The Current AI Digital Deluge: How Can It Be Compared to the 2000 Dot-com Bubble?

2024 年 6 月 1 日 | English Blog

I just happened to come across some analyses that compare the current AI digital wave with the 2000 dot-com bubble, and I find such comparisons quite far-fetched.

Determining whether stocks are being inflated is simple; just look at whether the related companies or industries have any income and decent prospects. If there are no tangible earnings in six to nine months, it’s likely a bubble, and it usually bursts within a year.

In 2000, the internet was just becoming popular, but broadband was still not widespread, and internet speeds were shockingly slow. Text uploads were manageable, but once images were involved, pages became a mess. Front-end website technology was somewhat advanced at the time, but backend database technology was still developing, which was crucial. Without a robust backend security system, websites couldn’t charge fees. However, since development was ongoing, the market was optimistic and impatient. Consequently, there was a surge in websites primarily for browsing. In Hong Kong, for instance, there were companies building exclusive websites for celebrities, leading to speculation.

If we consider recent speculative frenzies, the atmosphere most resembling the 2000 dot-com speculation is the NFT craze of 2022. Like websites, NFTs fundamentally lacked any revenue model, relying solely on speculative future possibilities. When people believe in the value and potential, they rush to acquire related assets, leading to a bubble.

Back then, internet culture hadn’t matured, browsing habits weren’t established, and people were still figuring out the value and potential monetization models. Simply relying on imagination without actual productivity, how could related assets be sustained for long? So, the bubble burst in less than six months.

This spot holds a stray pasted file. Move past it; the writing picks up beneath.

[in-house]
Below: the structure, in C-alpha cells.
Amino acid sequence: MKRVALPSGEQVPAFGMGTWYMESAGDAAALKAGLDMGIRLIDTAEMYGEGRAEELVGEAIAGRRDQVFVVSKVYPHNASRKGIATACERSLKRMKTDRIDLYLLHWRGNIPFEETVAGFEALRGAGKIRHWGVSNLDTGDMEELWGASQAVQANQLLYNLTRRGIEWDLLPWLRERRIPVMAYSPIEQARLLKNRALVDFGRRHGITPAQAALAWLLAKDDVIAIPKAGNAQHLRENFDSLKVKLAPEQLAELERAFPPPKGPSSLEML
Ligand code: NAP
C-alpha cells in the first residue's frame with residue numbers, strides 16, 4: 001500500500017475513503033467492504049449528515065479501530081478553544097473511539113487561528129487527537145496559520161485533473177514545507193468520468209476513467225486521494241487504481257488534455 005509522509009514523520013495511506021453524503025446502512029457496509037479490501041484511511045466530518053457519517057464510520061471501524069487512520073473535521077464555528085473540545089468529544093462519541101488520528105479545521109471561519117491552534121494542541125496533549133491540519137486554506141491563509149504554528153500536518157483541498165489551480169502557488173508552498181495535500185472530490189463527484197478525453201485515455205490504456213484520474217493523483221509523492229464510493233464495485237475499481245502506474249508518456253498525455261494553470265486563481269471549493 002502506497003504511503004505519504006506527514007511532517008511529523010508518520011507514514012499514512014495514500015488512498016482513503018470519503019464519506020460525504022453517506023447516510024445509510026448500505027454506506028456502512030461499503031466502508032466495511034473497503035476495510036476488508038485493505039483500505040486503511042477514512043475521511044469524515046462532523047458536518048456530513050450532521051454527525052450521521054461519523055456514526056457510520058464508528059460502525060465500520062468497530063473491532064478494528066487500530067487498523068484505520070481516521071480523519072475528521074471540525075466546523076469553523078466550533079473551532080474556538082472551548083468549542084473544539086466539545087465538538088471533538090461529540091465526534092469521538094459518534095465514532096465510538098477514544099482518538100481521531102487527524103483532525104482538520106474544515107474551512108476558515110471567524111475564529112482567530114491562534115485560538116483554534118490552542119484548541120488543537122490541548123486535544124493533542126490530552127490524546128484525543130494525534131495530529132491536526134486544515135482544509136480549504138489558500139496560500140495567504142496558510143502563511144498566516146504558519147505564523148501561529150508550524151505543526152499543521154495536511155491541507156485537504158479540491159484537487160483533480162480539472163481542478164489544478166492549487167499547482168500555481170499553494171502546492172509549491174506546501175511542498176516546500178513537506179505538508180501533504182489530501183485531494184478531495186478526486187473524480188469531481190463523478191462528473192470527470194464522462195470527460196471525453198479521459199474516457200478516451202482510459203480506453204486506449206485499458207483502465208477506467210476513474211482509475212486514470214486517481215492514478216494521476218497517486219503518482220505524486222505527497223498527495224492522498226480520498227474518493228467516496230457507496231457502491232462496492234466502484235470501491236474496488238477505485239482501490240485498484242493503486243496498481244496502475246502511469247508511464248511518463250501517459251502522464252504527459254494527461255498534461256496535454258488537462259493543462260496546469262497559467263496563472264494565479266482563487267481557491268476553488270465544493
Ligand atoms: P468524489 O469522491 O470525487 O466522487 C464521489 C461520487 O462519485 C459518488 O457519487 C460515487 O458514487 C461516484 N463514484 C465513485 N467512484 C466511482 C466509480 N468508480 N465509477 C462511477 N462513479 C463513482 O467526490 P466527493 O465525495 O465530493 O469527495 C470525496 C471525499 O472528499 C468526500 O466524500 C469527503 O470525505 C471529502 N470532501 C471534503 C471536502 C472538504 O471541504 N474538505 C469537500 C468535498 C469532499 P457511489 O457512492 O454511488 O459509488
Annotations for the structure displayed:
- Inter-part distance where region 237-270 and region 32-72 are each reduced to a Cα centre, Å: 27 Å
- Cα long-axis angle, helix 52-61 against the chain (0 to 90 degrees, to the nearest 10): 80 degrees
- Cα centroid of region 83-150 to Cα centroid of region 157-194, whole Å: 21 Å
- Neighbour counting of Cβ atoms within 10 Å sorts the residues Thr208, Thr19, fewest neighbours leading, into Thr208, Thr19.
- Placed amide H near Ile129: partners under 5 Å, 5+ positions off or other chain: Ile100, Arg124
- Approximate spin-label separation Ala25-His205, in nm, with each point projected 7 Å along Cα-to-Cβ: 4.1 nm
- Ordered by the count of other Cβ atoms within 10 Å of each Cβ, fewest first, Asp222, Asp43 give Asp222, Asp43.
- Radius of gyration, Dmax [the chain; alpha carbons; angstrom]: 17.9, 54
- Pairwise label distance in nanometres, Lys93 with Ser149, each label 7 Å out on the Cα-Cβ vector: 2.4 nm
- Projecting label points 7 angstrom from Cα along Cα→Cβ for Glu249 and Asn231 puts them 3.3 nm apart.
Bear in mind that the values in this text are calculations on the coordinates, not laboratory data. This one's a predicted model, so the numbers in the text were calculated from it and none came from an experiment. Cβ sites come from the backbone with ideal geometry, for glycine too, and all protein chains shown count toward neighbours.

There was a stock back then called Cisco, which soared due to this speculation. But what did it develop? In short, routers! These low-end technologies faced intense competition, and since Amazon introduced cloud services, the company’s range of physical connection products became ordinary. Consequently, lacking monopolistic power, its stock naturally collapsed.

The current AI boom is different. While providing AI services is costly, the monetization models are established, and major tech companies are already charging for such services. Moreover, the productivity of artificial intelligence is palpable; we all experience its prowess and understand its benefits.

The only thing to be cautious about NVIDIA is: While not like Cisco, its GPUs are indeed ahead of the competition by about a year, and its system is closed somewhat like Apple’s, it’s bound to be caught up with, especially with various tech companies forming alliances to develop an open-source framework for using AI in recent days. This move is clearly aimed at NVIDIA’s closed operations, significantly weakening its monopolistic power.

However, even with this weakening, NVIDIA’s technological depth far surpasses that of a router.